“We lost three last night,” Saul said.  “We are gaining two from the cadet qualifiers in the fourth squad.”

Zev wished he could complain about getting newbies but it was no use.

Hunter would give him, Noah, and Saul the job of tracking the newbies.  They always got babysitting duties because their four-man squad was ranked first in Hunter’s team.  They got the job of training the younger guardians, working with them to give them the experience needed.

Four years of this life had him used to the brutal nature of a guardian’s occupation.

“Pass them the new training schedule,” Zev said, moving to sit on an old couch in the corner of his room.  He dropped on it hard.  Resting his head back on the cushions, he closed his eyes.

“There is news from the main office,” Saul said.

“What kind of news?” Zev asked, his tone lazy.

“There is a Strike Force Commander in-house,” Noah said.  “He stopped here on his way to the capital city, Kirit.”

Zev sat up fast.

“We can try and meet him in the mess hall,” Saul said.  “We can ask him how to join the Strike Force.  Or how to move to Sokwe Recon in the Capital. We each have one battle left. We strike twenty and we’re ready to leave Swala.  We’ll be qualified to move up ranks.”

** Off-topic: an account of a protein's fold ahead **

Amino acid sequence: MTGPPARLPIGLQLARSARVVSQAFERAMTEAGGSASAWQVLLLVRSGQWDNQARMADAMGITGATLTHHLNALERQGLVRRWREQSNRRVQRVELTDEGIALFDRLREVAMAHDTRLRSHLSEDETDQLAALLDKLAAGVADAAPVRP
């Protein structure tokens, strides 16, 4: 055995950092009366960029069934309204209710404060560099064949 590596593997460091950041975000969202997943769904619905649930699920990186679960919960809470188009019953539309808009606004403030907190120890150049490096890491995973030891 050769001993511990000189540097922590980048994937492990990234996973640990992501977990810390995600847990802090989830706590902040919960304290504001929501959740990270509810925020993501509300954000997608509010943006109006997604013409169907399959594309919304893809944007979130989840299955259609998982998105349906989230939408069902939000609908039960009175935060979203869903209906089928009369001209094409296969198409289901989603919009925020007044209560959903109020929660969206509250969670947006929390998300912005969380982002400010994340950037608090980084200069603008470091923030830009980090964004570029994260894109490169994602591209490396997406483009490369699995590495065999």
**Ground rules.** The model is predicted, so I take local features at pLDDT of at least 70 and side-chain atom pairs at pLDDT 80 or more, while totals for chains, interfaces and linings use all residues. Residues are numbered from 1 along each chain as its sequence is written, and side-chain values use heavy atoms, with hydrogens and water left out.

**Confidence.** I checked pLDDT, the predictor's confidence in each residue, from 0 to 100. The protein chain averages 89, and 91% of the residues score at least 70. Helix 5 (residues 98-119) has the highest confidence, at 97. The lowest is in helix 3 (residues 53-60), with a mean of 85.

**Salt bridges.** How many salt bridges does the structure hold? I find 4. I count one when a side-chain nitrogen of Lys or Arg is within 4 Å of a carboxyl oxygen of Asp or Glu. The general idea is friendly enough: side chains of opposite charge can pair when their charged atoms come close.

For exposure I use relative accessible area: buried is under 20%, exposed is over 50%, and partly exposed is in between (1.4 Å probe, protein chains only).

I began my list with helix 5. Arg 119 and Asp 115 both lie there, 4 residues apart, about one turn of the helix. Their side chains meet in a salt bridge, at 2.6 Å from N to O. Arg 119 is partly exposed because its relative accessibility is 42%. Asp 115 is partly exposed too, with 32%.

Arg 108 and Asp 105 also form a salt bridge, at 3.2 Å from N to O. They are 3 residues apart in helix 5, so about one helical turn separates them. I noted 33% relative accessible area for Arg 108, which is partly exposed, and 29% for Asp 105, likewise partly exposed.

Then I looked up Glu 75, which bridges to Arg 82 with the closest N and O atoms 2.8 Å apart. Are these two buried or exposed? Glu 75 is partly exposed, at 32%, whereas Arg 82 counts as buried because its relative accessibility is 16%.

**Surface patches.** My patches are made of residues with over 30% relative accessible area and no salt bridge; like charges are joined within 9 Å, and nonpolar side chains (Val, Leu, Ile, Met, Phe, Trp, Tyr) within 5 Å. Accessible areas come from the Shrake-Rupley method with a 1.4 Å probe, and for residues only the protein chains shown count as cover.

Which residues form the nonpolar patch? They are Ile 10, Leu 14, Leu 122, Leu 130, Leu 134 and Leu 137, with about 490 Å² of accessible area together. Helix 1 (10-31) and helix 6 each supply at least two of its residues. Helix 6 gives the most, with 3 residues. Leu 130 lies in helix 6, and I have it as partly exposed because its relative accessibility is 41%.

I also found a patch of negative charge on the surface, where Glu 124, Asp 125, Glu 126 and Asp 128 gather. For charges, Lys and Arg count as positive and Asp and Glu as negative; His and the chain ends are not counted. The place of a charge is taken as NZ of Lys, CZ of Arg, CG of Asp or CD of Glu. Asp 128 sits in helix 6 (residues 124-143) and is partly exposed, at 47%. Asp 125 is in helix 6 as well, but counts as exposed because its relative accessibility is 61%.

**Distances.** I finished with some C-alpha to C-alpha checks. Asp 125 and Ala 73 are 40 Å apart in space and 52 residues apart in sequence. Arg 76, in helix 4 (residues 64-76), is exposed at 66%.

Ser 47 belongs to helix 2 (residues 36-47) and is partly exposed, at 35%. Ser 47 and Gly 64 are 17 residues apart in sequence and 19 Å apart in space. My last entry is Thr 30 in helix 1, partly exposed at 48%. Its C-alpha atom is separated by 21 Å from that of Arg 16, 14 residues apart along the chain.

Zev’s gaze shifted to his arms.  Black tattoos ran from his wrists to his elbows.  Black chevrons to count the number of battles he had survived.  Just like his sword, the chevrons reminded him of the number of times he returned alive from battle.  He was two chevrons away from reaching twenty battles.

After last night’s battle, he needed to add one more chevron on his right arm to make them nineteen.  This meant he only needed one more battle and he would be at twenty.

Twenty was a qualifying number to shift squads.  Sokwe Recon would take him, Noah, and Saul. They would find a way to get into Strike Force once they joined Sokwe Recon in the Capital. 

Zev got up from the couch.

“Isn’t it seven?” Zev asked, glancing at the clock on the glass screen on the wall.  “Breakfast time. Let’s go to the mess hall.  I’m sure he has to eat too.  We might get lucky.”


Chapter Five | Table of Contents | Chapter Seven